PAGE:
“Laws never made men a wit more just.”
—Henry David Thoreau
Every day, I am honored to call rural Vermont my home. Our rugged mountains and vast forests are home to some 600,000 hardy Vermonters.
Politically, we are the most leftist state in the nation; all of our children have universal health care, our minimum wage is $10.50 an hour (with a serious movement toward achieving a $15-an-hour livable wage), our unemployment rate is 2.8 percent.
We practice a form of direct democracy at the local level (Town Meeting) whereby every citizen is a legislator. Democratic socialists (Vermont Progressive Party) are elected to 10 seats in the Statehouse and hold the positions of lieutenant governor and state auditor.
Socialist Bernie Sanders is one of our two U.S. senators, and we have no gun control. We also have the lowest rates of violent crime in the nation. On average we have 10 murders — total — a year, half of those committed with guns.
We are no utopia, this is true. But we are far above most the rest of the United States when it comes to our politics, our social programs, and our standard of living.
We have been able to achieve this edge, in part, because we have not allowed the right to claim wedge issues (like gun control) to divide working people and compel them to vote against their social and economic self-interest.
Thus, we are able to make real progress in establishing a livable wage and paid family medical leave while continuing to allow our citizens to retain their Constitutional right to bear arms.
And for this, we continue to lead the way nationally on economic and social issues while remaining the safest place to raise a family in the United States.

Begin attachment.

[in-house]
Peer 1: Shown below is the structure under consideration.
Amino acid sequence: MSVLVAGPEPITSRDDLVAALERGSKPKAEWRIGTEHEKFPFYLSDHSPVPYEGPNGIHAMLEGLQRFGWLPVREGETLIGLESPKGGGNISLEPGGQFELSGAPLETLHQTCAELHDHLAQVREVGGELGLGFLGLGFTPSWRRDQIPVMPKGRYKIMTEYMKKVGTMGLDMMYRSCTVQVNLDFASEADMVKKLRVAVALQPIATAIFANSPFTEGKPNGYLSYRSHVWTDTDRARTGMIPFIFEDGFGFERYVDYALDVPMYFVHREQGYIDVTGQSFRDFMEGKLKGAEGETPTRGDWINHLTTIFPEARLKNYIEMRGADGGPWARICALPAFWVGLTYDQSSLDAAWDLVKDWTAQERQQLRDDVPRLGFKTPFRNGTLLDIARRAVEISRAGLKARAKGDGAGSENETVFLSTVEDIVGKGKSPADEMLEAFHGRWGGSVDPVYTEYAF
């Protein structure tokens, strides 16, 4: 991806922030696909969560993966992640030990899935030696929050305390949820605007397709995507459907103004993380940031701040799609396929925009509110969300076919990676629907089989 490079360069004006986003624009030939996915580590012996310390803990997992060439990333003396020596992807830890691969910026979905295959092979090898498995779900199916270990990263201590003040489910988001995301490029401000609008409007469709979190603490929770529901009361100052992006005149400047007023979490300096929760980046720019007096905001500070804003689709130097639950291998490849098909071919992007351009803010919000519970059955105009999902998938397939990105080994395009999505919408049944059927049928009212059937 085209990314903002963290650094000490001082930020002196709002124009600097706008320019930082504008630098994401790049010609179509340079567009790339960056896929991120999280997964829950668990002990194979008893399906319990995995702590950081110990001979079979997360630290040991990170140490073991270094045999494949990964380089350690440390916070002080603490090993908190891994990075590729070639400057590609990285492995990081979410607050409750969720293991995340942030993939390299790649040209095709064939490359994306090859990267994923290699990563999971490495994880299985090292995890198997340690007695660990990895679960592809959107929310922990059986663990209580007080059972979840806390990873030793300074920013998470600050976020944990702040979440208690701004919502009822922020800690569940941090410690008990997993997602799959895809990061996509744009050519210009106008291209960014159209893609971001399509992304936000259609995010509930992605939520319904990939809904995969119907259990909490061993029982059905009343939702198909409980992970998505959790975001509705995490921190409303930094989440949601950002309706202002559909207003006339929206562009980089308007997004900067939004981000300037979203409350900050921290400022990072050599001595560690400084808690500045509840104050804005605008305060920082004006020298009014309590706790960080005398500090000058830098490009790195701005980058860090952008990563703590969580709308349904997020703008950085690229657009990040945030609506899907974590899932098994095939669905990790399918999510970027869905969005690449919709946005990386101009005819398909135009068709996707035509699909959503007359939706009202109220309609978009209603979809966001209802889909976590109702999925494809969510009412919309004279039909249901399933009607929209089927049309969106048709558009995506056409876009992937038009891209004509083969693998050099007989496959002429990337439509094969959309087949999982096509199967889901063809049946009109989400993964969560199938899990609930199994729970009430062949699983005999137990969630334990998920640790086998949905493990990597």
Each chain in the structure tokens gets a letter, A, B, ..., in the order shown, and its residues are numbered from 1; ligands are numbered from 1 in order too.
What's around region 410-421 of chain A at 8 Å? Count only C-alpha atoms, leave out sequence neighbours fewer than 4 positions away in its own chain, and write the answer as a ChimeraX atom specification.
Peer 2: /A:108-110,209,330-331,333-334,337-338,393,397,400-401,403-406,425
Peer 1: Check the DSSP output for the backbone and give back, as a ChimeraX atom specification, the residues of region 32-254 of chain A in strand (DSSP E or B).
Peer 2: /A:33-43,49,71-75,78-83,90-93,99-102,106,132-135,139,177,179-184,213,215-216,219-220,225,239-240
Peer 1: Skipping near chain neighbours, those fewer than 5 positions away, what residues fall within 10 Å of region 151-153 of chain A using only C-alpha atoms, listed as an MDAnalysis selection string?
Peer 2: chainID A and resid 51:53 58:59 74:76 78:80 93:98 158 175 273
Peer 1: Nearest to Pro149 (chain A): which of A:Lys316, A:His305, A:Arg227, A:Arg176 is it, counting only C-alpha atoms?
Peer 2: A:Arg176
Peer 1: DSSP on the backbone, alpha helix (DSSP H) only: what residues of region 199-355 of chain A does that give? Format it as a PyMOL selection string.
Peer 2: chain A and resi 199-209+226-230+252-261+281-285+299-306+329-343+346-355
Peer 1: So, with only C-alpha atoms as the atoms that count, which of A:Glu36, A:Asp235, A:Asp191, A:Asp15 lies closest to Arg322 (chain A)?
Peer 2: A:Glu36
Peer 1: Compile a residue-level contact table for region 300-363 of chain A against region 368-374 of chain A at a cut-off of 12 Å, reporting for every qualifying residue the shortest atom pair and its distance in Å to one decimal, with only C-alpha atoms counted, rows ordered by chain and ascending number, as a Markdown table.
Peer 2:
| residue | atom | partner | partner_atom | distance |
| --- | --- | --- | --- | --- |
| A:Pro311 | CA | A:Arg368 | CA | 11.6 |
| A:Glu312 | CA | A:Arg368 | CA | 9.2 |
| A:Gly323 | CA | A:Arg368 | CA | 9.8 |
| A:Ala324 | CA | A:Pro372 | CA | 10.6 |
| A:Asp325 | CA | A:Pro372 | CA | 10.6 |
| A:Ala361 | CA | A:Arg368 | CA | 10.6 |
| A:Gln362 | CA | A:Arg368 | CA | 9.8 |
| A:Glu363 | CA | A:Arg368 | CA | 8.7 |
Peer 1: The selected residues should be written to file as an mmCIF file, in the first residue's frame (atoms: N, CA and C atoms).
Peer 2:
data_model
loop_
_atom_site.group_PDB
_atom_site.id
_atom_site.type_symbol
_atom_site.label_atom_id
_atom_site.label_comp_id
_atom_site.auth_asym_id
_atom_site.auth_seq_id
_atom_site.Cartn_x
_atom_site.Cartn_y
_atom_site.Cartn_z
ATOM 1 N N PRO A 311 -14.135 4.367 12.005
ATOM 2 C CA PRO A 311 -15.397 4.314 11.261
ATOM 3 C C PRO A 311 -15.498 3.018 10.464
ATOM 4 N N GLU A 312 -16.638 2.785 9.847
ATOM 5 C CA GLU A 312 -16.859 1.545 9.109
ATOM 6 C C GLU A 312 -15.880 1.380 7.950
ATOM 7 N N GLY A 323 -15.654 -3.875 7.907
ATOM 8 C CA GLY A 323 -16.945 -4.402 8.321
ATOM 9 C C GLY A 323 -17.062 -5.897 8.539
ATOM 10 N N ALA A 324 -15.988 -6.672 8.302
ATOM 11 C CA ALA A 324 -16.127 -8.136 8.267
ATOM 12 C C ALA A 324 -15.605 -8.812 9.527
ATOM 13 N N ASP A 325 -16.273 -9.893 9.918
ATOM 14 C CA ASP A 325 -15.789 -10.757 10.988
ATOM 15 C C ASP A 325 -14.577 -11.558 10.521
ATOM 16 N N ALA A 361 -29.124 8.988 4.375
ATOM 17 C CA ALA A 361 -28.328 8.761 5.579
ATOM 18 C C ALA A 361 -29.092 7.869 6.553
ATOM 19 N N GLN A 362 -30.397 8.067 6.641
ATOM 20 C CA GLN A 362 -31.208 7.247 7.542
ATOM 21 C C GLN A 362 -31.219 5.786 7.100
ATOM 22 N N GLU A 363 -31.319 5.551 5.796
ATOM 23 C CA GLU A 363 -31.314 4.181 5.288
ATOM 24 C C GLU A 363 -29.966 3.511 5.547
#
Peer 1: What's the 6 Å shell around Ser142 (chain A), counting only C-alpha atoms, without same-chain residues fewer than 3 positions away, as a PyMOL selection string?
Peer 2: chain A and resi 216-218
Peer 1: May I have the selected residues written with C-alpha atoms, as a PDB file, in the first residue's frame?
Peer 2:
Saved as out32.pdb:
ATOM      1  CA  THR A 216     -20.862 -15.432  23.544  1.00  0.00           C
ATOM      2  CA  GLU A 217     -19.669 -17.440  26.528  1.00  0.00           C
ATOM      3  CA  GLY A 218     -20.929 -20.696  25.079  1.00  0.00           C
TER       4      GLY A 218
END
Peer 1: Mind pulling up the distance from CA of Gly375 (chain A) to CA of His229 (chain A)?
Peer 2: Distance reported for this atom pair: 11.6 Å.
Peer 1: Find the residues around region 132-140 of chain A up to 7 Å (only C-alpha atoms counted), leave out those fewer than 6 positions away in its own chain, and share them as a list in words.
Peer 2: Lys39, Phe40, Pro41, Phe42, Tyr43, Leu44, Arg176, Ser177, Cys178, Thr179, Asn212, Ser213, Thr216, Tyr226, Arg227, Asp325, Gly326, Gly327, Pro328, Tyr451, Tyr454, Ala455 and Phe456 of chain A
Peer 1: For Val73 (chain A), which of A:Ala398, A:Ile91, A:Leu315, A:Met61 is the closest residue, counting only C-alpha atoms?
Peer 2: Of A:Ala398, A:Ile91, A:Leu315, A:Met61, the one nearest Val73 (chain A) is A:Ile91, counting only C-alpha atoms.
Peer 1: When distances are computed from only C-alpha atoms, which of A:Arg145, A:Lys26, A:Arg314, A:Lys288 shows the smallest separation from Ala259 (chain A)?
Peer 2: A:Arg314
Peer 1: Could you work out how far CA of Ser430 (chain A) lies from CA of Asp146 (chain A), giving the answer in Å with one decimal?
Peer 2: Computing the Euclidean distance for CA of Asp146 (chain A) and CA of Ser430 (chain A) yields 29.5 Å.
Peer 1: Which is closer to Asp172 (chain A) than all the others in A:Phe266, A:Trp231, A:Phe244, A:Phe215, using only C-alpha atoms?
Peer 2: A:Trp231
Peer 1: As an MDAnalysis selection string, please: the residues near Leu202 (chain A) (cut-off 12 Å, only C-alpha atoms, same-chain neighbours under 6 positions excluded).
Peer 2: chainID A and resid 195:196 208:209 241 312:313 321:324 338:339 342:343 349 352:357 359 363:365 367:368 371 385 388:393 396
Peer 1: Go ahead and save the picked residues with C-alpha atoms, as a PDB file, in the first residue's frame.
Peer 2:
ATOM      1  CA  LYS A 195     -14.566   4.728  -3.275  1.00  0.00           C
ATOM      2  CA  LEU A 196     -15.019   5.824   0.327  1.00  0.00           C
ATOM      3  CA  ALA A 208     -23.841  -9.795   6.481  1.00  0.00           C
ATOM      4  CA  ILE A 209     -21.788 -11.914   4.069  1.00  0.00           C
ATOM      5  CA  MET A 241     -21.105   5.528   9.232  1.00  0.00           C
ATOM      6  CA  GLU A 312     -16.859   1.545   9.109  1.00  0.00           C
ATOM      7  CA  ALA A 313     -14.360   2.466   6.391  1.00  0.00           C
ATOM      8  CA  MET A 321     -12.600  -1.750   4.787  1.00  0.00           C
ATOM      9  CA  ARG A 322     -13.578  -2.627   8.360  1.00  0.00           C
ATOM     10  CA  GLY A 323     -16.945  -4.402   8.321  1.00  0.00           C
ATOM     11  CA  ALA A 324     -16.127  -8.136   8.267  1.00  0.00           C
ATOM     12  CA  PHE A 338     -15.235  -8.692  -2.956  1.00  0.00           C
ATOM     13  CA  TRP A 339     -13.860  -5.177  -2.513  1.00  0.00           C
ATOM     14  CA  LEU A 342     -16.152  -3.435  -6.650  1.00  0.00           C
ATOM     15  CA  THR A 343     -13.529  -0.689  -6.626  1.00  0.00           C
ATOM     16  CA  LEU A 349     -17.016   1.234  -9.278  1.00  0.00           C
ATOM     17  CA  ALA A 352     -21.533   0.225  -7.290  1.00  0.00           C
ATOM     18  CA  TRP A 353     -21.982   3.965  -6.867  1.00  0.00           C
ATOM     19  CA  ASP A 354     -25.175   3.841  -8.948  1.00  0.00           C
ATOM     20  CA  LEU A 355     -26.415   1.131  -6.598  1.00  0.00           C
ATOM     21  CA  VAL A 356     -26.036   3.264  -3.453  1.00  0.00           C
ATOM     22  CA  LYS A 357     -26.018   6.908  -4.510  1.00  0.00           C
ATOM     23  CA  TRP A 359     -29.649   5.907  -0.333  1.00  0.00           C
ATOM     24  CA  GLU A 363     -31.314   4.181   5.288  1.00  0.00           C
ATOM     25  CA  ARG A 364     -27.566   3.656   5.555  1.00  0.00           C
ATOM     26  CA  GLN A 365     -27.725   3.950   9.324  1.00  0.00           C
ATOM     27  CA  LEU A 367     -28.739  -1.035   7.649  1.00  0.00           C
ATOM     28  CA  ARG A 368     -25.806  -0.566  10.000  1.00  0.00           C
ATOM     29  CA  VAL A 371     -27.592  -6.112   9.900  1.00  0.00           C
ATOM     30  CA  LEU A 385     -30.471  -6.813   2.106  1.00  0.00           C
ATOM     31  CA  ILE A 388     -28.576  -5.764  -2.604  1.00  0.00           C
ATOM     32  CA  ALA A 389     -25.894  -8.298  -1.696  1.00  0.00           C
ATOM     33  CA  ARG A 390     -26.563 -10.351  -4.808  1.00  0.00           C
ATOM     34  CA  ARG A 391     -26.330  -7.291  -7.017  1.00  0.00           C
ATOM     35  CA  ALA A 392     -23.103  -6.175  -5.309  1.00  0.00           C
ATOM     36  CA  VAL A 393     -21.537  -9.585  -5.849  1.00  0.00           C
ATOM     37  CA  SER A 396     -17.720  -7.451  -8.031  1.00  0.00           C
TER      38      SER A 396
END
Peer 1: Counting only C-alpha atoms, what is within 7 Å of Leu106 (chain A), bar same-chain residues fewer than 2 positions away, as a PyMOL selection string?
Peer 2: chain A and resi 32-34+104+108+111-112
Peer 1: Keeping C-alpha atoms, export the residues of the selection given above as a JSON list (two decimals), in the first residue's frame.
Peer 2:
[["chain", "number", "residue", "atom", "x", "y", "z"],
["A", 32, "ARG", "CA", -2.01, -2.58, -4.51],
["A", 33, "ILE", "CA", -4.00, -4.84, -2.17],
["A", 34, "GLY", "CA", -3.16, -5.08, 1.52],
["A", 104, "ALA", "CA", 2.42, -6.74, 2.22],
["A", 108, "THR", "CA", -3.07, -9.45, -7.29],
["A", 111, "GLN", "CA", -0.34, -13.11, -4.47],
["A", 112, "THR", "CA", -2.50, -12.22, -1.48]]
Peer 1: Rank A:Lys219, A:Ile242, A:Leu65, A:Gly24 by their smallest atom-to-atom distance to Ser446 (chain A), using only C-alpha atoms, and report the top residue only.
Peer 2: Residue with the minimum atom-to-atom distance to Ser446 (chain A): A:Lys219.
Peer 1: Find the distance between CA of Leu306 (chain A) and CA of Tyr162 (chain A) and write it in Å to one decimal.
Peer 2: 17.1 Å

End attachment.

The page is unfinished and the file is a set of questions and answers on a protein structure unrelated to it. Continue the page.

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With the terrible and tragic mass shootings taking place in other parts of the country, there are those who would now introduce gun control into Vermont.
However, the root cause of these external acts of mass despair do not happen in a vacuum; these acts, in part, are a result of an American culture of extreme consumerism and capitalism which alienates people and drives a social insanity that can and will only flare up again and again in horrendous ways.
Until we seriously address these underlying root causes that affect mass consciousness, and until we adequately fund our mental-health system (which deals with the acute symptoms of this mass alienation), we will not be done with the senseless deaths perpetrated by those who have fallen into the darkness. Be it done with a gun, a knife, a bomb, a car, or a blunt object, we will not be done with this death.
In Vermont, because of our strong sense of community, and because of our stronger social safety net, we are somewhat insulated from the consumerism-driven sickness of the American culture. This is borne out through many statistics, including our low murder rate.
While we, too, have a long row to hoe when it comes to abolishing the ills of capitalism, strengthening our mental health programs, and establishing a more vibrant and democratic social system, we must not follow the drumbeat of the national Democratic Party.
We must see with clear eyes that gun control, if introduced in Vermont, is a solution looking for a problem.
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No legislation in the world will reduce our already miniscule murder rate. But it will give the Republican Party ammunition to go to working class Vermonters and say, “The left wants to take your guns away. Vote for us, and we will protect your rights guaranteed in the Vermont Constitution.”
And with that, as has happened in the rest of the nation, working-class people and union members will begin to vote against their self-interest and will begin to elect pro-gun right-wing politicians to serve in Montpelier.
In turn, the efforts to win a livable wage and paid family medical leave — efforts aimed at solving real problems suffered by tens of thousands of Vermonters — will be killed.
So on the altar of abstract Democratic Party ideology will be sacrificed the real victories we can see down the road ahead.
Let us not allow this to happen on our watch.